Hima Cement has renewed its partnership with the World Wide Fund for Nature(WWF)to protect River Mubuku catchment area through planting of trees and promoting safer agricultural practices amongst farmers along the river.
The partnership between Hima Cement and WWF started in 2014 for protection and management of River Mubuku catchment area. The new MoU that has been signed is for the payment of watershed services schemes for protection of the same catchment.
It also aims at providing environmental education awareness, and enhance access to renewable energy technologies and energy conservation as well as maintenance of ecosystem services.
Andy White, the Deputy Plant Manager at Hima Cement said that the cement maker is committed to promoting conservation efforts in its business and in the communities in which it operates so as to create shared value for society.
“While our main business is cement, sustainability is a key part of our core business strategy and guides us in our endeavors in areas of governance, environmental protection and social responsiveness.
“We have all learnt that the environment and nature are precious resources which are not limited. We have put in place key programs to ensure that our activities have minimum effect on our environment but even more efforts towards activities that replenish the environment,” White explained.
Over 130,000 trees have so far been planted with various species of trees planted along the river Mubuku banks. These include, Pine, Gravellier, Bamboo, Maesopsis, caliandra and Albizia.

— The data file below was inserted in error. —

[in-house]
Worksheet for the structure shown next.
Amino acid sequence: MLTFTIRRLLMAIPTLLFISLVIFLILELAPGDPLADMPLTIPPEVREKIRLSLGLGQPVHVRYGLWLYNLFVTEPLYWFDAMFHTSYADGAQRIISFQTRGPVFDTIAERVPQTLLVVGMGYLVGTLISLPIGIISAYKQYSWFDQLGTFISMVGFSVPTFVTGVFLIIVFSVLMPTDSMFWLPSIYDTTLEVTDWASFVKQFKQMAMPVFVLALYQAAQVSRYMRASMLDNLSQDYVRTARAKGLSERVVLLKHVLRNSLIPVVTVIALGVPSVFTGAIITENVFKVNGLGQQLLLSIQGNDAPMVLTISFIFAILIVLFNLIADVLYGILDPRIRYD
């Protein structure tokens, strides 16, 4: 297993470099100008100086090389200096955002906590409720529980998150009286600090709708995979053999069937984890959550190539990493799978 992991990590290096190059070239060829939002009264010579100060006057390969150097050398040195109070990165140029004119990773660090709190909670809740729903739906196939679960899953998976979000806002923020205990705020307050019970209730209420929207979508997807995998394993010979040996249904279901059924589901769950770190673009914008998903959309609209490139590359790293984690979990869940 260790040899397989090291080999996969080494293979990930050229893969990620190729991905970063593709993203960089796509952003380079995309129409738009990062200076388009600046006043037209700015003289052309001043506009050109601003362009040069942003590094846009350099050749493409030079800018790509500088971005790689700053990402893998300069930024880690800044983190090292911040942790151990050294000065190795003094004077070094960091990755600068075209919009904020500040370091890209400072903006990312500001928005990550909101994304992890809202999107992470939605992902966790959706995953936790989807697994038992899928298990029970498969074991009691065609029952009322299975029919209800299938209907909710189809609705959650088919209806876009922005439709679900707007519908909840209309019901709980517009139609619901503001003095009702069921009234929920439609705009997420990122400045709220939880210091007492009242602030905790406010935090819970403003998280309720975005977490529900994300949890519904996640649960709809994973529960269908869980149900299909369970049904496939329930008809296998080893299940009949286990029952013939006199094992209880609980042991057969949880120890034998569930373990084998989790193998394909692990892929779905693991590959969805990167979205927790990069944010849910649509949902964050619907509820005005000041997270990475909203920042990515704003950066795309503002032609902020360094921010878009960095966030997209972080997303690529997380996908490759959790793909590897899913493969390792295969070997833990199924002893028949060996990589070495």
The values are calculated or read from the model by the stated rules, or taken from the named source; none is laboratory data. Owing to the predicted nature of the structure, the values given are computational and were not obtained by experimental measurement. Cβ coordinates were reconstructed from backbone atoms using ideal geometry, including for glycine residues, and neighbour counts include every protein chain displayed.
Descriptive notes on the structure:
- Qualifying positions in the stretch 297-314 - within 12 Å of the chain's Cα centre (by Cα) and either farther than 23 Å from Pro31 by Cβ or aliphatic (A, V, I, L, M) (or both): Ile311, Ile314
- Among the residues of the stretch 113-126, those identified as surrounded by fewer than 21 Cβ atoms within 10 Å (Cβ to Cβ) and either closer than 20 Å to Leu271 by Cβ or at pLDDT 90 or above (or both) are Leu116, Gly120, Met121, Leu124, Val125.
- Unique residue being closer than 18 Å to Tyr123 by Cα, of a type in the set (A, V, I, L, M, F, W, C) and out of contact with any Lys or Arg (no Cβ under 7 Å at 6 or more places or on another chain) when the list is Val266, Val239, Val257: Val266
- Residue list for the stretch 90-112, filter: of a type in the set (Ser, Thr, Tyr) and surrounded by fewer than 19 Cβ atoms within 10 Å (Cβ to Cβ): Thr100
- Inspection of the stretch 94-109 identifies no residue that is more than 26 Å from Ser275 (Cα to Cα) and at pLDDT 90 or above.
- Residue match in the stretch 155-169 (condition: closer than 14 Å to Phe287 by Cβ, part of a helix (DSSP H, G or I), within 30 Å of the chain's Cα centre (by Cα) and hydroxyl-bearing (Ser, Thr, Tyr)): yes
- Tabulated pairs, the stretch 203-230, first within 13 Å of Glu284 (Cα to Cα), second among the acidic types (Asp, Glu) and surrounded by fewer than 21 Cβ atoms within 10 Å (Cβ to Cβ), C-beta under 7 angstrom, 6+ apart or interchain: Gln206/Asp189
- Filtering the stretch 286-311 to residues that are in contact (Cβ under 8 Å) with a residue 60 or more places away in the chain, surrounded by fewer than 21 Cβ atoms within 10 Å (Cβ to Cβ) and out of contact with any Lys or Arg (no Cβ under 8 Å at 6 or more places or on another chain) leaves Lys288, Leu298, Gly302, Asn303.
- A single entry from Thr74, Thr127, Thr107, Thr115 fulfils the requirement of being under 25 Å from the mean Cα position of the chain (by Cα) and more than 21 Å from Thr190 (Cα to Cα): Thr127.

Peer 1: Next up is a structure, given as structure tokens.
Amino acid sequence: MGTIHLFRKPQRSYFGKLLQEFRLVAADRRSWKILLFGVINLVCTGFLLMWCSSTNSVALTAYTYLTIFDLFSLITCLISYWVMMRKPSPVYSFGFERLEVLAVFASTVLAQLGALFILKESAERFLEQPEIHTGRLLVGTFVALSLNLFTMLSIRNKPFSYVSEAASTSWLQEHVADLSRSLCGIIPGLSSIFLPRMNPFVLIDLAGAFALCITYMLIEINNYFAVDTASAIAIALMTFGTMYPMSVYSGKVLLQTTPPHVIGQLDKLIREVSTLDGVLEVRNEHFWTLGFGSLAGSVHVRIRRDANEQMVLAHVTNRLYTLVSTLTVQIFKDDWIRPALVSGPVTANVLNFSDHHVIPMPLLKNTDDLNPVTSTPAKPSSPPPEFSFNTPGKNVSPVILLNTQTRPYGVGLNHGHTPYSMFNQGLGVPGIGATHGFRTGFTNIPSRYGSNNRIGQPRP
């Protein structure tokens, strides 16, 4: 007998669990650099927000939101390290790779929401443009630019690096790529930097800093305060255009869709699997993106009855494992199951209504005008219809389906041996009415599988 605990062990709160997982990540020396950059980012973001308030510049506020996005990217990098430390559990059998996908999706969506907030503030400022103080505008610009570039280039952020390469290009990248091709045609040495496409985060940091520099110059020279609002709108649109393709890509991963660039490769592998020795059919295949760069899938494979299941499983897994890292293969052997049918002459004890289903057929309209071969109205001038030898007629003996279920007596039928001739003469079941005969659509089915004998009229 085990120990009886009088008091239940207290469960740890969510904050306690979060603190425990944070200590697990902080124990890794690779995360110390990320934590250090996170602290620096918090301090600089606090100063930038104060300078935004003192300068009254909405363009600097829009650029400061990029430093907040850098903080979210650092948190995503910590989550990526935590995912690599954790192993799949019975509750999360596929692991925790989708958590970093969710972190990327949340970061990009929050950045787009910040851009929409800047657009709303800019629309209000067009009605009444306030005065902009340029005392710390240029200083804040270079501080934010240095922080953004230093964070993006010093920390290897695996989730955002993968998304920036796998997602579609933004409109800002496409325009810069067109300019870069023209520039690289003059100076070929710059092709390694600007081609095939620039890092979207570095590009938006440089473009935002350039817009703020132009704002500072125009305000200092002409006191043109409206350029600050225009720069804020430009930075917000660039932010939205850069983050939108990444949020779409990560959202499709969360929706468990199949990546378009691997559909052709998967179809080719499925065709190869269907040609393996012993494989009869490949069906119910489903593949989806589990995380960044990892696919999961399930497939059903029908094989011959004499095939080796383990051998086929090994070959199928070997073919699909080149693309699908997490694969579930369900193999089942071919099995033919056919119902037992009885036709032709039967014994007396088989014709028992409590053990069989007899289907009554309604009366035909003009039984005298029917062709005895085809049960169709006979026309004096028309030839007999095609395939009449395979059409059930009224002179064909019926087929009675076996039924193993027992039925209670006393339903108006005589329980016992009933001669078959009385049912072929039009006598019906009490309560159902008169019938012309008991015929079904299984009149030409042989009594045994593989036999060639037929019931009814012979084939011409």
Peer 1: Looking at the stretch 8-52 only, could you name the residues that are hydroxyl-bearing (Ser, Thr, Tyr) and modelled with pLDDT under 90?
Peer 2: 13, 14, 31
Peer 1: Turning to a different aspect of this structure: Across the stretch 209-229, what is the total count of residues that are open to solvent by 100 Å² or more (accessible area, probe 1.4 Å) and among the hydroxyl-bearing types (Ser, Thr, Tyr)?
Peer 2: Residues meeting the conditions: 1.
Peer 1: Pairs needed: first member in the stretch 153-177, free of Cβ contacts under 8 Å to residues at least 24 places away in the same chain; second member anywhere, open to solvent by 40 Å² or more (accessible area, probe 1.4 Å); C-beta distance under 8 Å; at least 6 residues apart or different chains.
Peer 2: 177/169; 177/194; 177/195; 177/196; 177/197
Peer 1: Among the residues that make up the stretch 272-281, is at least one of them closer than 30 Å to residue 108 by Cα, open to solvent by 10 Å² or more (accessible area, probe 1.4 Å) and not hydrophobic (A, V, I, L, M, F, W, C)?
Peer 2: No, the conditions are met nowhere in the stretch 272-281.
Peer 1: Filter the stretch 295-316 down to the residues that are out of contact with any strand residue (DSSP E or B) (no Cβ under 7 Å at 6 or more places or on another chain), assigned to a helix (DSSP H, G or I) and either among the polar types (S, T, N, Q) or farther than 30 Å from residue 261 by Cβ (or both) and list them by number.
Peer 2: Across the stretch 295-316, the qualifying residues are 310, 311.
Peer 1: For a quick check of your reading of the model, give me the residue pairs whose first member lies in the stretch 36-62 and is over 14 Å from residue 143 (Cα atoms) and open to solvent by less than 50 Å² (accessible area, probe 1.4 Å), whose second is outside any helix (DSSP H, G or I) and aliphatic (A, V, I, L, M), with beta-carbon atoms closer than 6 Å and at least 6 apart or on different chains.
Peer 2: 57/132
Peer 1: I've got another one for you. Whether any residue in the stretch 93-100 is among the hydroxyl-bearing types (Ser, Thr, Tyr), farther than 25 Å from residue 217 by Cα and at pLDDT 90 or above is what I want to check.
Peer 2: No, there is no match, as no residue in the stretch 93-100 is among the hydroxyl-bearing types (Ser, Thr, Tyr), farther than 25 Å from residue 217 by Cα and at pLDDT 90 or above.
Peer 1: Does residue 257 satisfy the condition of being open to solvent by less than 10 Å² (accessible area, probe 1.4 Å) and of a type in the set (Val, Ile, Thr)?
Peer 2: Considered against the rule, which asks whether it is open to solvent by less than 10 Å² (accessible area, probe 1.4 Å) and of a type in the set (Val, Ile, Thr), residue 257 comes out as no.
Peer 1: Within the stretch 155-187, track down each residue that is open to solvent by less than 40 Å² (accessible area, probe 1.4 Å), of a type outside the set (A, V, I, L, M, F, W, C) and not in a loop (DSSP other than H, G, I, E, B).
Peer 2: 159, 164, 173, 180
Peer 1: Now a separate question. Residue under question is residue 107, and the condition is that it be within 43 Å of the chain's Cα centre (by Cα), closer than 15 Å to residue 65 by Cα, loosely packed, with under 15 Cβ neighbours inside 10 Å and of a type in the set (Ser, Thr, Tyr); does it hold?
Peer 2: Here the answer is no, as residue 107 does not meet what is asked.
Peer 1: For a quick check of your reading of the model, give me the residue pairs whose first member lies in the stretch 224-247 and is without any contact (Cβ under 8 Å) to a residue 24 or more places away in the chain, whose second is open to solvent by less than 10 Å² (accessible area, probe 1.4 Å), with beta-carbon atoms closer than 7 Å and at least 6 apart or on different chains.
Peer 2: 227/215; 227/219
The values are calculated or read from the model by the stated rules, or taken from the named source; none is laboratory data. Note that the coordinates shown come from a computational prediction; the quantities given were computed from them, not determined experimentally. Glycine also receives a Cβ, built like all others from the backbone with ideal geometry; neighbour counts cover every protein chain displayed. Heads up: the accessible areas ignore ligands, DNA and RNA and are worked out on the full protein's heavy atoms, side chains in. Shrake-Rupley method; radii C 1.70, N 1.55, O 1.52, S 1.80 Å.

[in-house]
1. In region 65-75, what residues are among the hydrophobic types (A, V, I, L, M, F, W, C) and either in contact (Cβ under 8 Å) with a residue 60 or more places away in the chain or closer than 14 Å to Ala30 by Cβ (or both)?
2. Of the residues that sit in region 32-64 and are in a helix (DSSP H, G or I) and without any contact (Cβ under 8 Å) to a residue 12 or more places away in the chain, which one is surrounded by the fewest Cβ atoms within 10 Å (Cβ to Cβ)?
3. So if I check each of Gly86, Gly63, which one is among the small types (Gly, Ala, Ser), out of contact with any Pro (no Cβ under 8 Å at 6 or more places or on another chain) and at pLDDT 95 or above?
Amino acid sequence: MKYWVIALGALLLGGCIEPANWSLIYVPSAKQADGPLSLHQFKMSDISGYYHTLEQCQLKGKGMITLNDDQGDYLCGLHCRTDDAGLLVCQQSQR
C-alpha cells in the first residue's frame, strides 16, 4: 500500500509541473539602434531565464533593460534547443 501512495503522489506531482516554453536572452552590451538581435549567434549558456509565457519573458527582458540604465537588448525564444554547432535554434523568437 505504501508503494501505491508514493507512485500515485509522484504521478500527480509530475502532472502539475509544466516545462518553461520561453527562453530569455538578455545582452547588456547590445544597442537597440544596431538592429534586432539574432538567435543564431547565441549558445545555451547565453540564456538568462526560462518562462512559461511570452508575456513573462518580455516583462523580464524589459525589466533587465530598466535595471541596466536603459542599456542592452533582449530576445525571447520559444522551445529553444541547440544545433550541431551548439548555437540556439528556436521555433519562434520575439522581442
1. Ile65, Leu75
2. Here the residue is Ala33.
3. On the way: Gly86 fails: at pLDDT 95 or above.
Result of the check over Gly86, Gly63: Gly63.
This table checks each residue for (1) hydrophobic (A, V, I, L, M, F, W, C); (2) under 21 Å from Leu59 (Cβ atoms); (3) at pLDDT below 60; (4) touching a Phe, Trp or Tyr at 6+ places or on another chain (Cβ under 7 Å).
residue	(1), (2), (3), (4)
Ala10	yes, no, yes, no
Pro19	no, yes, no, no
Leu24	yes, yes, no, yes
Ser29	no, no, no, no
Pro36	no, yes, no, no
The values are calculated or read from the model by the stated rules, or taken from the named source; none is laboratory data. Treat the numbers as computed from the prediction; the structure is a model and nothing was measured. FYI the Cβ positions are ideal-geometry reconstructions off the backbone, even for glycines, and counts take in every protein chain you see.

Ndifuna Matthias, the Chief Administrative Officer Kasese lauded Hima Cement for continuously pursuing sustainable means while producing cement.
“I would like to thank Hima Cement for producing cement while taking care of the environment. Specifically, I am happy that you are now using coffee husks in your cement kilns. This has led to job creation and employment opportunities as well as increased household incomes in our area,” he said, adding: “This exercise today is a very important one because we are preserving the environment; water protection. As you may be aware, most medicines come from these trees and this is one of the reasons we should endeavor to protect our environment.”
Commenting on the partnership, Fred Kimaite, the Conservation Manager at WWF said that since 2014 when the first MoU was signed between Hima and WWF, there has been a tremendous improvement to their sustainability efforts and that the renewal of the partnership is a big vote of confidence.
“This is a special day for us as WWF. We are celebrating our partnership with you; a group of people who share the same beliefs with us. Hima has committed another round of funding because of the good work that they’ve seen ongoing. The private sector is now recognizing that this is the way to go and there’s been a lot of interest coming in from them in regard to the environmental protection,” he explained.
The scheme is being implemented with farmers upstream who are the land and water custodians and the private sector downstream who are the water resource users.